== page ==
Reported macronutrient intake and metabolic risk factors: immigrant women from Iran and Turkey compared with native Swedish women

  • Achraf Daryani
  • Tahire Kocturk
  • Åsa Andersson
  • Brita Karlström
  • Bengt Vessby
  • Wulf Becker

Abstract

Background: Immigrants in general seem to be more vulnerable than the host populations to developing nutrition-related chronic conditions. This may be in part related to diverging dietary habits. Objective: The aim of the study was to examine the nutrient intake and its relationship to metabolic variables among immigrant versus native Swedish women. Design: A cross-sectional health survey of 157 randomly selected foreign-born and native Swedish women. This included 24 h dietary recall repeated four times and administered in the native language. Results: Underreporting was significant, especially among immigrant women. There were no major differences in terms of energy distribution of the macronutrients between very low energy reporters and acceptable energy reporters, indicating that the dietary data reflected the qualitative composition in spite of the underreporting of energy intake. Immigrant women consumed less alcohol and obtained a lower proportion of their energy from saturated fatty acids, but a higher proportion from polyunsaturated fatty acids, sucrose and total carbohydrates. Associations between dietary variables and metabolic risk factors were relatively weak. Conclusions: Underreporting might have attenuated possible associations between diet and risk factors. The study illustrates specific problems in the dietary assessment and the need to develop valid techniques when studying groups of people of diverging ethnic backgrounds. Keywords: dietary intake; immigrants; Iran; metabolic risk factors; Sweden; Turkey; underreporting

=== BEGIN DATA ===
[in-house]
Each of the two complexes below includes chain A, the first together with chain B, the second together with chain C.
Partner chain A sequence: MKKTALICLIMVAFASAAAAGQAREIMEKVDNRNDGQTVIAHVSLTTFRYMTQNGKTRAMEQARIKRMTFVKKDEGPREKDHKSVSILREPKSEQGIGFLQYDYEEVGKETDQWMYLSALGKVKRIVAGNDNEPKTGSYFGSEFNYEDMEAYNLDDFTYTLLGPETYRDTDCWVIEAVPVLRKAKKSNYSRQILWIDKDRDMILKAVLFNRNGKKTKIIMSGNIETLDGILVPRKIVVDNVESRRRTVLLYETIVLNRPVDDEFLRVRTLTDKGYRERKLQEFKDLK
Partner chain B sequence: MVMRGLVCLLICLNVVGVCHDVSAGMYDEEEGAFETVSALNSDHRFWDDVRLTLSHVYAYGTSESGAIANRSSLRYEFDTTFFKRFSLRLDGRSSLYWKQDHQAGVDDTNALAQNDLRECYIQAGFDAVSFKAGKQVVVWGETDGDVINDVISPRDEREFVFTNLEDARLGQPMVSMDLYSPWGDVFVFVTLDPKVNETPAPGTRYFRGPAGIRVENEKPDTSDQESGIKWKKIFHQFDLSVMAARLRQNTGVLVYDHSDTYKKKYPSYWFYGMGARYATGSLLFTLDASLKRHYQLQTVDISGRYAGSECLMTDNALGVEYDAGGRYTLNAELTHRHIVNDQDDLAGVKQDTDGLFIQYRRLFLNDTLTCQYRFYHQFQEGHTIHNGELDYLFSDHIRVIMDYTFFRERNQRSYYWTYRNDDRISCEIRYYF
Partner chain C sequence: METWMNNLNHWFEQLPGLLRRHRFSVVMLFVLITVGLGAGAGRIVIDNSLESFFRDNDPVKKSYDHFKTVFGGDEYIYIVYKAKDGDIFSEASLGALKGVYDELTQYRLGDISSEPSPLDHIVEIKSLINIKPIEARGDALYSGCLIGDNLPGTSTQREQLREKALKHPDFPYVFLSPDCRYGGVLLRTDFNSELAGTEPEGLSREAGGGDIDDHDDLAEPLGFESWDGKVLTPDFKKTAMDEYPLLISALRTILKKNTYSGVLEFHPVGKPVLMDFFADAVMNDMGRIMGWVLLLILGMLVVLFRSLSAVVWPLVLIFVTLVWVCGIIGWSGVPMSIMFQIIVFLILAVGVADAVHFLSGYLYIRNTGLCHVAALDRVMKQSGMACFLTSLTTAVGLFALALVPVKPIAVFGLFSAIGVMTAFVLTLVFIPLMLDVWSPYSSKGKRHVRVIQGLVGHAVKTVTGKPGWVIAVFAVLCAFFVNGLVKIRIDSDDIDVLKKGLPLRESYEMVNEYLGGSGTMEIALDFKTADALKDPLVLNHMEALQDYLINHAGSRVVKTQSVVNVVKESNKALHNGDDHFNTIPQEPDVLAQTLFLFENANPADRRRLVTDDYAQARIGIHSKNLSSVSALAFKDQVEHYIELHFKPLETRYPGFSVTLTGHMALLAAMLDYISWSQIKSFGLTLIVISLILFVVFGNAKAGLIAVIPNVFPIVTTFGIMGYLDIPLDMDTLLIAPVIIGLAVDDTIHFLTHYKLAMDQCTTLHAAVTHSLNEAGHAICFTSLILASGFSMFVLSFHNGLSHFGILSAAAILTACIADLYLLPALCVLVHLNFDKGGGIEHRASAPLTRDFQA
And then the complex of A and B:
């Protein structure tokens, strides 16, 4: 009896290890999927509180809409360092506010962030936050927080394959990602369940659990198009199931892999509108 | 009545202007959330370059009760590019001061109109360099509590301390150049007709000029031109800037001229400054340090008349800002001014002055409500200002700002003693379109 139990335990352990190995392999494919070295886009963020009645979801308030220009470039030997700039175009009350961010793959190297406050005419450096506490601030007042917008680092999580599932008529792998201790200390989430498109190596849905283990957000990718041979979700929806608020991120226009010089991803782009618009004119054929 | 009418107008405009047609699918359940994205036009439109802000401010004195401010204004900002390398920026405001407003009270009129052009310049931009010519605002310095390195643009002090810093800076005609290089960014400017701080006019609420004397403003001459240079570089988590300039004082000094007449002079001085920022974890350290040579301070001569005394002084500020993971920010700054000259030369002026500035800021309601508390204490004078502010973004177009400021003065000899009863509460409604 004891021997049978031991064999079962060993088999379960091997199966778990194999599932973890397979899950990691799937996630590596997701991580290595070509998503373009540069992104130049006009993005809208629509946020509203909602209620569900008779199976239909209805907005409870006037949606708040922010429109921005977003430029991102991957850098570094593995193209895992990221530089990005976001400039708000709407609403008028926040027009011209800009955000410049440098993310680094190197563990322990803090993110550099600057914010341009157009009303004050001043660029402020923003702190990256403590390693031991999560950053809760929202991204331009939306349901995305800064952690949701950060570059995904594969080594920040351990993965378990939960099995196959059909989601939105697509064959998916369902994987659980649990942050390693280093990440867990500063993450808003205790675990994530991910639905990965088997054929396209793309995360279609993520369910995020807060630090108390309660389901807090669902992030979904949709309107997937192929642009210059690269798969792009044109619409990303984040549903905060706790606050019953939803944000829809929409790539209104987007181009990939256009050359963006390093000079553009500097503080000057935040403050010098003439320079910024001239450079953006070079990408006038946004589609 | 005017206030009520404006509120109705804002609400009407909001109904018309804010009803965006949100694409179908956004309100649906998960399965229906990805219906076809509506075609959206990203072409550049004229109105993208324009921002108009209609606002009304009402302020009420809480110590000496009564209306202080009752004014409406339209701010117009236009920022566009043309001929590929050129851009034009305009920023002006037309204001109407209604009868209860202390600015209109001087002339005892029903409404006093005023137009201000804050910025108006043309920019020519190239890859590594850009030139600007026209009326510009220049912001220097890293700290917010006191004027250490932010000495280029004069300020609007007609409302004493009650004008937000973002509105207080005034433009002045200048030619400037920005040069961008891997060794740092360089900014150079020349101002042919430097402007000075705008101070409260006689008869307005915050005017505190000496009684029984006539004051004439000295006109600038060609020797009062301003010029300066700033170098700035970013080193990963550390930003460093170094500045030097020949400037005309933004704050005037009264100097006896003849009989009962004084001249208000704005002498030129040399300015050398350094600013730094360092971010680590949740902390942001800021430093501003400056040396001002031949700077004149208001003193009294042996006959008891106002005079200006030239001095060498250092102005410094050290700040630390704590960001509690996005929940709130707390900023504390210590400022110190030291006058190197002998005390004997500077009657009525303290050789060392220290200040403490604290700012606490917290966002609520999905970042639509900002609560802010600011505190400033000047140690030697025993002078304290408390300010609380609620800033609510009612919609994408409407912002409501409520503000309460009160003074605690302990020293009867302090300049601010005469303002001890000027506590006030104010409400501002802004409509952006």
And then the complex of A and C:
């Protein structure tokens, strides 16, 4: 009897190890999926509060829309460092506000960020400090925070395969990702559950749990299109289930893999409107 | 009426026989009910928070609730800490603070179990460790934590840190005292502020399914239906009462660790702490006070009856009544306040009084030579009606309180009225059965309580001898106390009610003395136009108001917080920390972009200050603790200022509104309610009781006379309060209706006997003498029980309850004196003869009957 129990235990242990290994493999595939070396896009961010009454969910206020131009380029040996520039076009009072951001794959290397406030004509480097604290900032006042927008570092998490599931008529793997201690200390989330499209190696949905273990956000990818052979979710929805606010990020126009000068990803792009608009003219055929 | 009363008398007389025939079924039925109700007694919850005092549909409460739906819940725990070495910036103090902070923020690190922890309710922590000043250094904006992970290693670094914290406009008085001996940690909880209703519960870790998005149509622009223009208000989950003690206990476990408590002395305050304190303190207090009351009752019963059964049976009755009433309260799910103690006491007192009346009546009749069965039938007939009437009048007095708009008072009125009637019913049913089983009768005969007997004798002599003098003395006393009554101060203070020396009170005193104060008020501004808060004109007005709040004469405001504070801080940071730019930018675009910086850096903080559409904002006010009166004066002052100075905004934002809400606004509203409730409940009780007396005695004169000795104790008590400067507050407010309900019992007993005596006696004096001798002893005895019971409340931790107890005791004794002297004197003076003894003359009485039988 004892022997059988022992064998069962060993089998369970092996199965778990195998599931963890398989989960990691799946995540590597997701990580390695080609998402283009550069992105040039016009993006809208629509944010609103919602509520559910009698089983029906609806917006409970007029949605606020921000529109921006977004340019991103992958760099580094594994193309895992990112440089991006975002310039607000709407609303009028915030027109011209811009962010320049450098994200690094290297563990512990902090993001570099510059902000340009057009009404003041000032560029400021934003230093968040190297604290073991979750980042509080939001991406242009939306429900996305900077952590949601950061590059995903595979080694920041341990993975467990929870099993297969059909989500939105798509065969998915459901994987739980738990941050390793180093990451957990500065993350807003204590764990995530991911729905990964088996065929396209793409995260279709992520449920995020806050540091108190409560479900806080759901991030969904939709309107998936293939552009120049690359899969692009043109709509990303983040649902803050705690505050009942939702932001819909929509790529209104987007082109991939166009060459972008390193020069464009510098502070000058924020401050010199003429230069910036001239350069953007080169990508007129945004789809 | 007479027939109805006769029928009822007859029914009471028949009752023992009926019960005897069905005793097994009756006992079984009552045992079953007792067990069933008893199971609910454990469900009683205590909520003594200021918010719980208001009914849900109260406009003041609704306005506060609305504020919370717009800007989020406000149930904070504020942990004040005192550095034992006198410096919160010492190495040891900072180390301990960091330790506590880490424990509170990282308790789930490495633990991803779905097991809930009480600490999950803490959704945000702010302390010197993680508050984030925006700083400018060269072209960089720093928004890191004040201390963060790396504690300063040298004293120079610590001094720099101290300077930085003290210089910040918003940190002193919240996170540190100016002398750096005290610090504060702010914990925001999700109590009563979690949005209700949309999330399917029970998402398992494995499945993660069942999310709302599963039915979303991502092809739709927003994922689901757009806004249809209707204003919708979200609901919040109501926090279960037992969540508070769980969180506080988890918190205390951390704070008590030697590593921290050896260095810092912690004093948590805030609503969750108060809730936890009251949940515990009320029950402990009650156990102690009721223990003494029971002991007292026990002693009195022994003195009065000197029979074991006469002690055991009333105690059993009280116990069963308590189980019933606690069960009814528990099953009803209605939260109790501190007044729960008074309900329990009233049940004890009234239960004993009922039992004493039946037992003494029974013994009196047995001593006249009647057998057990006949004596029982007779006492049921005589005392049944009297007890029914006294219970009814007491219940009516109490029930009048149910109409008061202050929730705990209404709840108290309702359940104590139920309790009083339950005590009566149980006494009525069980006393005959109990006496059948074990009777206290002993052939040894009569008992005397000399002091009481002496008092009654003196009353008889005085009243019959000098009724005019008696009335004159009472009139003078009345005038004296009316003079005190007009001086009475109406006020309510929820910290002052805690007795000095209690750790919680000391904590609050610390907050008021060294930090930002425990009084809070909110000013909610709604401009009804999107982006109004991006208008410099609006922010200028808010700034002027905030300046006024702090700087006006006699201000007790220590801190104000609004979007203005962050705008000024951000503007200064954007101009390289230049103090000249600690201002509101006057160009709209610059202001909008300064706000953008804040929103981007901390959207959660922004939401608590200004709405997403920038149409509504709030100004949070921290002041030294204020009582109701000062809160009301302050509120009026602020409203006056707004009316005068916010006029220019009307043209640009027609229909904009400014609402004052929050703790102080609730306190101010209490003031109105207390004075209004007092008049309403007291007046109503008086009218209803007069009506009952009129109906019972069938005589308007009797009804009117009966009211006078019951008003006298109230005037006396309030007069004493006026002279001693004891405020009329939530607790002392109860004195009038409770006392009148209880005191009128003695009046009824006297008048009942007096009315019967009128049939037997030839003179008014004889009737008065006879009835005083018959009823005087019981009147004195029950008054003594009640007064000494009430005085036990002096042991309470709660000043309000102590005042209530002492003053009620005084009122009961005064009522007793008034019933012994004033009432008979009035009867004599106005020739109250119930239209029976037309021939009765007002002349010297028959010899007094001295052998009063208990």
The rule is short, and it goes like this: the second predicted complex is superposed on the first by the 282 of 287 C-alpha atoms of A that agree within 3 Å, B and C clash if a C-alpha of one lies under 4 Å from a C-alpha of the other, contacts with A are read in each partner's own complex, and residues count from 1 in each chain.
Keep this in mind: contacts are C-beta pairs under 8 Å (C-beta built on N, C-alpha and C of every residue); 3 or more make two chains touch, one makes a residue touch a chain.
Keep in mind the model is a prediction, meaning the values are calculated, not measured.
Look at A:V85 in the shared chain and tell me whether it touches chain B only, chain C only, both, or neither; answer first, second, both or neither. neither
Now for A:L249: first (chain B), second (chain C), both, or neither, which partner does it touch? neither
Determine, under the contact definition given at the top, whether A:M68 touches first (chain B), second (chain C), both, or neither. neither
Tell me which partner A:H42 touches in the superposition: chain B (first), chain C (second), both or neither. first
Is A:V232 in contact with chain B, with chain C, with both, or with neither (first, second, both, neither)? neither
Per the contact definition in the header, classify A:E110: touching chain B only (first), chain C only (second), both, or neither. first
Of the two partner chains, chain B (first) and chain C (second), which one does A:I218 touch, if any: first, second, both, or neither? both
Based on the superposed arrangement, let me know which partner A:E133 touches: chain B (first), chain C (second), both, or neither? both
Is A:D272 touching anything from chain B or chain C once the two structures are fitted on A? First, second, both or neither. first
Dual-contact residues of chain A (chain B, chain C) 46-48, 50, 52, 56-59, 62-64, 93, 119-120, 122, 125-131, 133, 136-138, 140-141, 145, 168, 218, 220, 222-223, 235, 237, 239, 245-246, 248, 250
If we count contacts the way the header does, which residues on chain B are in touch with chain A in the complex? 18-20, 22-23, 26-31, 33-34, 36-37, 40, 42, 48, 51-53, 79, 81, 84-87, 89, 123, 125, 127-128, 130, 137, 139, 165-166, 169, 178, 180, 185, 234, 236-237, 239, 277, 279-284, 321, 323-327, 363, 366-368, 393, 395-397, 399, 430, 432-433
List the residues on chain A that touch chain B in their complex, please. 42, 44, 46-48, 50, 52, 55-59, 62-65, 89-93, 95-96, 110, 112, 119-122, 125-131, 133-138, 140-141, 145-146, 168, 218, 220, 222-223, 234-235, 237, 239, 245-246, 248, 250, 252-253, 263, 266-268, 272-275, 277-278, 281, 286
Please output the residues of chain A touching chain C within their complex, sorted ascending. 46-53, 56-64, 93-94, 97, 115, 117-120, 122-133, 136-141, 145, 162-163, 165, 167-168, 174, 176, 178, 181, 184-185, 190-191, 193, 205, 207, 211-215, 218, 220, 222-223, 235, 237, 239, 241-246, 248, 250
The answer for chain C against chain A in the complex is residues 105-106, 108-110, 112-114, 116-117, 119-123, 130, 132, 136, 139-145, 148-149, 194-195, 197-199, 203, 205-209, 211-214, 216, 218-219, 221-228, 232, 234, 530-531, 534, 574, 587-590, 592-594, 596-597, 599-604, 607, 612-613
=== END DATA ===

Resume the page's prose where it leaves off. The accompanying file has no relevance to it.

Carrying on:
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Published
2006-12-01
How to Cite
Daryani, A., Kocturk, T., Andersson, Åsa, Karlström, B., Vessby, B., & Becker, W. (2006). Reported macronutrient intake and metabolic risk factors: immigrant women from Iran and Turkey compared with native Swedish women. Food & Nutrition Research, 166-172. https://doi.org/10.3402/fnr.v50i4.1598

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